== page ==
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Alumni-founded startup delivers local eatery goods to campus

Courtesy of San Jose Mercury News

Students can now gain access to food delivery within 45 minutes from over 60 restaurants in Palo Alto and Mountain View thanks to DoorDash, a Stanford alumni-founded startup hoping to leverage the needs of local small business owners and hungry clientele.

Funded by top-tier investors in the valley, the company stands out among other online food delivery platforms—like the recently merged Seamless and GrubHub—by performing the deliveries themselves.

“When you place your order with Seamless and GrubHub, they send your order to the restaurants and the restaurants help you to deliver,” said Evan Charles Moore, MBA ’13, cofounder of DoorDash. “Restaurants have a hard time managing logistics and drivers.”

The four founders started working on DoorDash last spring with the initial aim to empower small business owners with modern technology.

“We interviewed over a hundred [small business owners],” Moore said. “We kept on hearing this problem about delivery where they turned down requests to deliver their products.”

In an interview with a restaurant owner on University Avenue, the DoorDash co-founders learned that based on actual demand and the number of drivers required to hire, it costs $50 on average to deliver a package from Palo Alto to Mountain View.

To solve this problem, the four created a quick prototype of an online delivery platform called PaloAltoDelivery.com in just one afternoon and immediately received their first online order.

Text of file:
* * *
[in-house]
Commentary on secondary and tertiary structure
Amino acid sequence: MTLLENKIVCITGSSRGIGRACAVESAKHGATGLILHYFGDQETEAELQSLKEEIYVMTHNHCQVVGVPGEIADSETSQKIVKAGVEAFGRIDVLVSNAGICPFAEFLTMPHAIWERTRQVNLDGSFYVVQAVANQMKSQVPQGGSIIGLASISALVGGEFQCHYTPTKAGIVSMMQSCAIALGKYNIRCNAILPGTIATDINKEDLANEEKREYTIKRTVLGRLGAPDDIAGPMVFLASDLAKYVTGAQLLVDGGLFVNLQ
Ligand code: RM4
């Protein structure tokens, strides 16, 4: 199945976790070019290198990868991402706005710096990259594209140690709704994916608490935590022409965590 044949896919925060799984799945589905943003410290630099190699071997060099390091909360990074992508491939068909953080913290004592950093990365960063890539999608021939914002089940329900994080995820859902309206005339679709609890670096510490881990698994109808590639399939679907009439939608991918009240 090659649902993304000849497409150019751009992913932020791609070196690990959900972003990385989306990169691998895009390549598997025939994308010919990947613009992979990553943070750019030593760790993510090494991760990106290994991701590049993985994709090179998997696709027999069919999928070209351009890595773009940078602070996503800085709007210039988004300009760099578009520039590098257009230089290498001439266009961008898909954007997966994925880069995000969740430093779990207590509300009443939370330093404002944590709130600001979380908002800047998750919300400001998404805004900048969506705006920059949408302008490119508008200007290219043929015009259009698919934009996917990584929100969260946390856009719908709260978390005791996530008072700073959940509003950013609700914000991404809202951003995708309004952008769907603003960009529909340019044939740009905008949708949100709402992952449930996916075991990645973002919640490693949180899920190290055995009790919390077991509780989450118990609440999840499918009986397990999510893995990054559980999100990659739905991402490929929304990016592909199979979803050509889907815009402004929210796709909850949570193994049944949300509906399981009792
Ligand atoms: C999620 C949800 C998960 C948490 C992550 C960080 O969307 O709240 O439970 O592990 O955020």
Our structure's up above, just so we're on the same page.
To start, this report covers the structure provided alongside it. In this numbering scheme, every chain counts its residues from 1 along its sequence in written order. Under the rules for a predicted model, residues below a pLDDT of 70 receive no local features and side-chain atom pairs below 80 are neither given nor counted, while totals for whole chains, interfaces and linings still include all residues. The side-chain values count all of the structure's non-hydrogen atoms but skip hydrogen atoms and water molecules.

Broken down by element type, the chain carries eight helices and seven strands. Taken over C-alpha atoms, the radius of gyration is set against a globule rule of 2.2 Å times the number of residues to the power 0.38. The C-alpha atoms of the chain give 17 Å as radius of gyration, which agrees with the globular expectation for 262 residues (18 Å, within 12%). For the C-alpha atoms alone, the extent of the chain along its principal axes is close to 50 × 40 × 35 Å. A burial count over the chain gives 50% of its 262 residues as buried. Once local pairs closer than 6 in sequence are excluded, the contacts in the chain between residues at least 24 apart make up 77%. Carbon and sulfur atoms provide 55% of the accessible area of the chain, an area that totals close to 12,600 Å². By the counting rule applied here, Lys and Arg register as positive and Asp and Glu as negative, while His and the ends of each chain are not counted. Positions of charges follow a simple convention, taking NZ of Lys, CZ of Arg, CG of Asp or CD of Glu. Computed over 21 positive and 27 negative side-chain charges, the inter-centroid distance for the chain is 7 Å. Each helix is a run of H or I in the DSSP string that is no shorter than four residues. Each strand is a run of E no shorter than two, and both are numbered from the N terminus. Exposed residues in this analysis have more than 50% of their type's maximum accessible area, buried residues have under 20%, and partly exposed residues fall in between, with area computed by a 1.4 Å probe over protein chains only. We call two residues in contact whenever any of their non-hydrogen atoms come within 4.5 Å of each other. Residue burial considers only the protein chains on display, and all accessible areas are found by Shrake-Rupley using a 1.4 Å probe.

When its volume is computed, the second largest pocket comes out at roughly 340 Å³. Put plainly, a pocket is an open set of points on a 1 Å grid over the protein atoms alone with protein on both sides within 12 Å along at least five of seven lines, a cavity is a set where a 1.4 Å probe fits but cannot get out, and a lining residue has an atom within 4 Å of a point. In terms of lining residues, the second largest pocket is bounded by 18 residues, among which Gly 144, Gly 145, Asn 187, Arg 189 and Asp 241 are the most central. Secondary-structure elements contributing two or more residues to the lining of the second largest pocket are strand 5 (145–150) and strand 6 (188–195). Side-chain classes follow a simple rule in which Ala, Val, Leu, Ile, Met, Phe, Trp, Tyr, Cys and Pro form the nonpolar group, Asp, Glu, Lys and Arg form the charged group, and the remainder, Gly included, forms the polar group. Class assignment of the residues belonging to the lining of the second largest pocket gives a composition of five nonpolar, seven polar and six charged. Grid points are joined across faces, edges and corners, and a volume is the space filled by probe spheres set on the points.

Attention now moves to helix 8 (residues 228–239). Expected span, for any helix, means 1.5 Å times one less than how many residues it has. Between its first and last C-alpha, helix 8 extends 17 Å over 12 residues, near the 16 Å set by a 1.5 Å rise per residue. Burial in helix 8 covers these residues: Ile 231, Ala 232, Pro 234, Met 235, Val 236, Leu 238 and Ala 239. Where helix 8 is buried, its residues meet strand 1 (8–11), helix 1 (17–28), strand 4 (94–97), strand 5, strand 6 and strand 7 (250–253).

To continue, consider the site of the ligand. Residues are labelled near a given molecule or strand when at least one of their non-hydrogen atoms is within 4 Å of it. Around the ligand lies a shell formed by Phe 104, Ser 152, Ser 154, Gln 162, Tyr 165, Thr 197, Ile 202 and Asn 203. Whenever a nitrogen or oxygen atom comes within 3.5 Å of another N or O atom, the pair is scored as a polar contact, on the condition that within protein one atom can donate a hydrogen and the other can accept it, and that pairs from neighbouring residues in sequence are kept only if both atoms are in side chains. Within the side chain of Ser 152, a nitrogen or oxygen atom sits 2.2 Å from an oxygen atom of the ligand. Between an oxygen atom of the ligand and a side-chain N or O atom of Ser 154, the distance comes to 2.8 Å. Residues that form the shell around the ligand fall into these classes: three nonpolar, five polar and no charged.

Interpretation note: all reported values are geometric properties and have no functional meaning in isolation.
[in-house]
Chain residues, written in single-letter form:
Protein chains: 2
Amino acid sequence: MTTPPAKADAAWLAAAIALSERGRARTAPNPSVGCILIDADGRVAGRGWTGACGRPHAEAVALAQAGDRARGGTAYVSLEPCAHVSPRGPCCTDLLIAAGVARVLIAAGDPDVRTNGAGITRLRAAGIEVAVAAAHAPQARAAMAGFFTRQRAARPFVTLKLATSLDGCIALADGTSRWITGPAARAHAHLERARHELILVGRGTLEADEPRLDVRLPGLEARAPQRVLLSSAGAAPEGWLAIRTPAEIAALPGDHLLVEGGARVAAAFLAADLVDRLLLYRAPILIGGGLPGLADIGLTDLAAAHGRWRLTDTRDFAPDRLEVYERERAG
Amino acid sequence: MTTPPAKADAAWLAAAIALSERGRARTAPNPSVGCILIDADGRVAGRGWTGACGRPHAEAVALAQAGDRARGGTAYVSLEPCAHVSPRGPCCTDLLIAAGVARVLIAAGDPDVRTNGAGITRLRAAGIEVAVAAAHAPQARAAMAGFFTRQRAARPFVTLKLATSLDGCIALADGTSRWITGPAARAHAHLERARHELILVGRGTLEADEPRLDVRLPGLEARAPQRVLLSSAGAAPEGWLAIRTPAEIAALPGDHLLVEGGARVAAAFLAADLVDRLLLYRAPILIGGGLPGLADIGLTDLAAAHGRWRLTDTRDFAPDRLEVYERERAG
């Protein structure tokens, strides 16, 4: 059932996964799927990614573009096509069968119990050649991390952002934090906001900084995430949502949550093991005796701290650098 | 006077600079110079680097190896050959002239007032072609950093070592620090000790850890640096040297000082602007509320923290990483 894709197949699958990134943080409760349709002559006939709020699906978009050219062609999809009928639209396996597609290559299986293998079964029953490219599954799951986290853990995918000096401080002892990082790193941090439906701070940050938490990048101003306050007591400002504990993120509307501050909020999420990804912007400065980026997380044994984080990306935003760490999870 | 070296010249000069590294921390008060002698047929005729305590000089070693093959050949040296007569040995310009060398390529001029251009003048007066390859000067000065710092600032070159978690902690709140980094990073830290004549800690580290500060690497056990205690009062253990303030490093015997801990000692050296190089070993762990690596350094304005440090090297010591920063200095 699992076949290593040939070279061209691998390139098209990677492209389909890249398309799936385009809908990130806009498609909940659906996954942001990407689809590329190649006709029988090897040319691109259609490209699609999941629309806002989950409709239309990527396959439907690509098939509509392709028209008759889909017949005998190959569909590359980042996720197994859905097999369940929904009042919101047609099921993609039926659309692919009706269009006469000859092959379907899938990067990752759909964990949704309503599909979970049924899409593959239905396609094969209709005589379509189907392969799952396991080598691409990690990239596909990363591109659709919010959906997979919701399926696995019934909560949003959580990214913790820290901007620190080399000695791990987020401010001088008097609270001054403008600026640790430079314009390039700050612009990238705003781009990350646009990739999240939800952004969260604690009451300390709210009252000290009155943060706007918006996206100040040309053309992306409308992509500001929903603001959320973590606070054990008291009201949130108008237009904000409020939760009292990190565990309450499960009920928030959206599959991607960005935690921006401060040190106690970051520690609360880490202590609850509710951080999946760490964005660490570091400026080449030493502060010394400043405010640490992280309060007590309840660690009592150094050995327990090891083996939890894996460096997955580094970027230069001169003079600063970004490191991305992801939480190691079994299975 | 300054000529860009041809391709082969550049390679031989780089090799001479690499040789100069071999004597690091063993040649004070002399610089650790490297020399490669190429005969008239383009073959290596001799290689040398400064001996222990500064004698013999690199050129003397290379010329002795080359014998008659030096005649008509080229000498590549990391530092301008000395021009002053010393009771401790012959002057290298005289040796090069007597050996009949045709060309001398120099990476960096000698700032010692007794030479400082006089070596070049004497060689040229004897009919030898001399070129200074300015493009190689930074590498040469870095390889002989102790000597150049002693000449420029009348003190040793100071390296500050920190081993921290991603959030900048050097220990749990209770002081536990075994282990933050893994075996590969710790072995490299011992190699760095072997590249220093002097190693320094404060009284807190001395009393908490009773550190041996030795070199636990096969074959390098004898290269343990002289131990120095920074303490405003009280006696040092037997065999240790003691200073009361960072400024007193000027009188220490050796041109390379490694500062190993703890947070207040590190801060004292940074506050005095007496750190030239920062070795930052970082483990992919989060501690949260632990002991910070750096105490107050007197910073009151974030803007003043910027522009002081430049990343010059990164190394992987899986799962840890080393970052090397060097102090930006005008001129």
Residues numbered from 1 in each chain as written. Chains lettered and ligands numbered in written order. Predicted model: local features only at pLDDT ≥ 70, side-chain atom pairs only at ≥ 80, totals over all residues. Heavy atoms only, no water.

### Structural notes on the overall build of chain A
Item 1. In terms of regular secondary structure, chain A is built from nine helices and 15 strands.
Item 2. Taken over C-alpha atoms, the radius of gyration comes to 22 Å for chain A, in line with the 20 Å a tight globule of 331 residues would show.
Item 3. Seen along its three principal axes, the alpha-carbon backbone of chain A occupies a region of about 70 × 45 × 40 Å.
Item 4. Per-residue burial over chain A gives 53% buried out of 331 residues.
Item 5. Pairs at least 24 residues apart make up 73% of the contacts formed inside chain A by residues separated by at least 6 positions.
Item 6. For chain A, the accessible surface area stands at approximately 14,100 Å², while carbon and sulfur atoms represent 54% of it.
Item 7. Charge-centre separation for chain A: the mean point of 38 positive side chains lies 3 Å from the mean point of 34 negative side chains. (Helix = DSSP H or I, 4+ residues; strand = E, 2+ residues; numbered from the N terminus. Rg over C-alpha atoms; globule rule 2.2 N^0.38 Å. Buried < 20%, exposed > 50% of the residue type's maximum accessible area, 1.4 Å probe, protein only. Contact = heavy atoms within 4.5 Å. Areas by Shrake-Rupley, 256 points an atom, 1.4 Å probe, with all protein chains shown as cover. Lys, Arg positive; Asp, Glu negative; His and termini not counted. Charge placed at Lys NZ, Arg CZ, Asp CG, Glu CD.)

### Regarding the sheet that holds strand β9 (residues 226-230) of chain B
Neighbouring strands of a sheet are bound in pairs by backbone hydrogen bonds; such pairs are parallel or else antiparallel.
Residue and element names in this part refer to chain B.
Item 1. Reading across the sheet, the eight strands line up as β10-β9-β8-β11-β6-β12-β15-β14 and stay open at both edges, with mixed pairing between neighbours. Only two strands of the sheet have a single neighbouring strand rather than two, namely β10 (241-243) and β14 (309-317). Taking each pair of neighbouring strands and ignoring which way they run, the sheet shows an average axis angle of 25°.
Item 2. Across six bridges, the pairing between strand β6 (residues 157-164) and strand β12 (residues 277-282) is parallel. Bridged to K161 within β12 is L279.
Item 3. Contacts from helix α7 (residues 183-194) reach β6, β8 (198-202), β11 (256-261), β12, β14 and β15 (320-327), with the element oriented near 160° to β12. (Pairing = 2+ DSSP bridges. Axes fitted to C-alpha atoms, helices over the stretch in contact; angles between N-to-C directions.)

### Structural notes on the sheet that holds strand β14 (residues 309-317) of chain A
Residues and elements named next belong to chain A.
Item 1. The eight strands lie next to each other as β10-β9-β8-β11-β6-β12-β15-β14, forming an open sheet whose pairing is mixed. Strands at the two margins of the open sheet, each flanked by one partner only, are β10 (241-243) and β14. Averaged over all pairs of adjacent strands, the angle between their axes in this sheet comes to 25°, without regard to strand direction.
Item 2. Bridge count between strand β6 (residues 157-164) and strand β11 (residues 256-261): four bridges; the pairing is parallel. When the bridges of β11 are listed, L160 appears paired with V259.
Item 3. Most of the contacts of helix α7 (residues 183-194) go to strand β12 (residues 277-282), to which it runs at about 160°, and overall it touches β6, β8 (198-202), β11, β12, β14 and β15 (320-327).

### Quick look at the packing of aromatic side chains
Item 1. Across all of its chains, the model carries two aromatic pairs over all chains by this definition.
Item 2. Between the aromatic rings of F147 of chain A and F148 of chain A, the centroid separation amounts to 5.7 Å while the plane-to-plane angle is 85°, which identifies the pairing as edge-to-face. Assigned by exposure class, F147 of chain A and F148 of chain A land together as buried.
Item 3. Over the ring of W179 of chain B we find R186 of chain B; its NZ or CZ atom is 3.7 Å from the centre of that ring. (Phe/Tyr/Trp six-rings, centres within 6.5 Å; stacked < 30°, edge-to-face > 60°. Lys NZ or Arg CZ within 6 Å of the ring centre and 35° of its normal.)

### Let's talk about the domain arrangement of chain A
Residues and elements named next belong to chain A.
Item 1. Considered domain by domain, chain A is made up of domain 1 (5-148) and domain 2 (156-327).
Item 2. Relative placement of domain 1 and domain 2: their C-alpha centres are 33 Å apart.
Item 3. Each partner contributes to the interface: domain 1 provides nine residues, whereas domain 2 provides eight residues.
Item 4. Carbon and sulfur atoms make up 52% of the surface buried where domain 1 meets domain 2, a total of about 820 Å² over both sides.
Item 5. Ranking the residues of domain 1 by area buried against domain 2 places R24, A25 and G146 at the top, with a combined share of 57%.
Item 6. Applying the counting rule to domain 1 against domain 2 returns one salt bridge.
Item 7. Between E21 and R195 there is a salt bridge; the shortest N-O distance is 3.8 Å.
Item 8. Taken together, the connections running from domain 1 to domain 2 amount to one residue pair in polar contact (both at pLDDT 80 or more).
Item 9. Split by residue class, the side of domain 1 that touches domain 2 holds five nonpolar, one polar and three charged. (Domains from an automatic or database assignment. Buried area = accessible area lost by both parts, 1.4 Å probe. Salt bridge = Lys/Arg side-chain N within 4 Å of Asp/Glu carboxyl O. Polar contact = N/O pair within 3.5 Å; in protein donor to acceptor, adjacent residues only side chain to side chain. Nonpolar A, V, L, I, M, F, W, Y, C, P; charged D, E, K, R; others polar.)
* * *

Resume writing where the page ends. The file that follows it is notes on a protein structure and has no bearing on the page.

Moore added that before joining Y Combinator— Silicon Valley-based start-up incubator—in the summer, the four delivered a couple hundred orders on their own to Stanford.

Despite low student presence on campus during the summer, DoorDash orders increased 10 times, while the number of drivers has also grown from four to 30—half of whom are Stanford students.

“Now that the Stanford students are back, we’d love to serve [them] again and we actually expect that number [of orders] to continue to grow faster,” said Tony Xu MBA ’13, cofounder of DoorDash.

According to Xu, one of the key ways for them to keep cost down is through crowdsourcing, which approximates the delivery cost across multiple restaurants.

“What we do is that we have a pool of drivers who are spread across 60 restaurants and as a result we can manage that demand a little bit better because we can pool our drivers,” Xu said.

DoorDash drivers provide their own car, insurance and gas. For one hour of delivery service they are offered a $14/hour rate plus extra tips.

“As long as they have their smartphones they can work for us and they can choose their own hours,” Xu said.

According to Moore, their delivery fee is sufficient to pay for drivers. DoorDash charges a flat rate of $6 for delivery under $100 and $12 for anything above.

“It more than covers the drivers’ cost because we can do more than one delivery in one hour,” Moore said.

Meanwhile, the provision of coordinated drivers makes DoorDash popular among local restaurants.

“We actually find that it’s very easy to sell to the restaurant,” said Andy Fang ’14, co-founder of DoorDash. “Restaurants are experiencing significant increases in their revenue. They’re promoting us on their own.”

While the company is currently operating only in Palo Alto and Mountain View, it’s looking to expand to a larger geographical area and to serve the Stanford community.

“We’re looking to add more restaurants and we’d love to get feedback—the best from students—on what kinds of restaurants they’d like to have,” Fang said.

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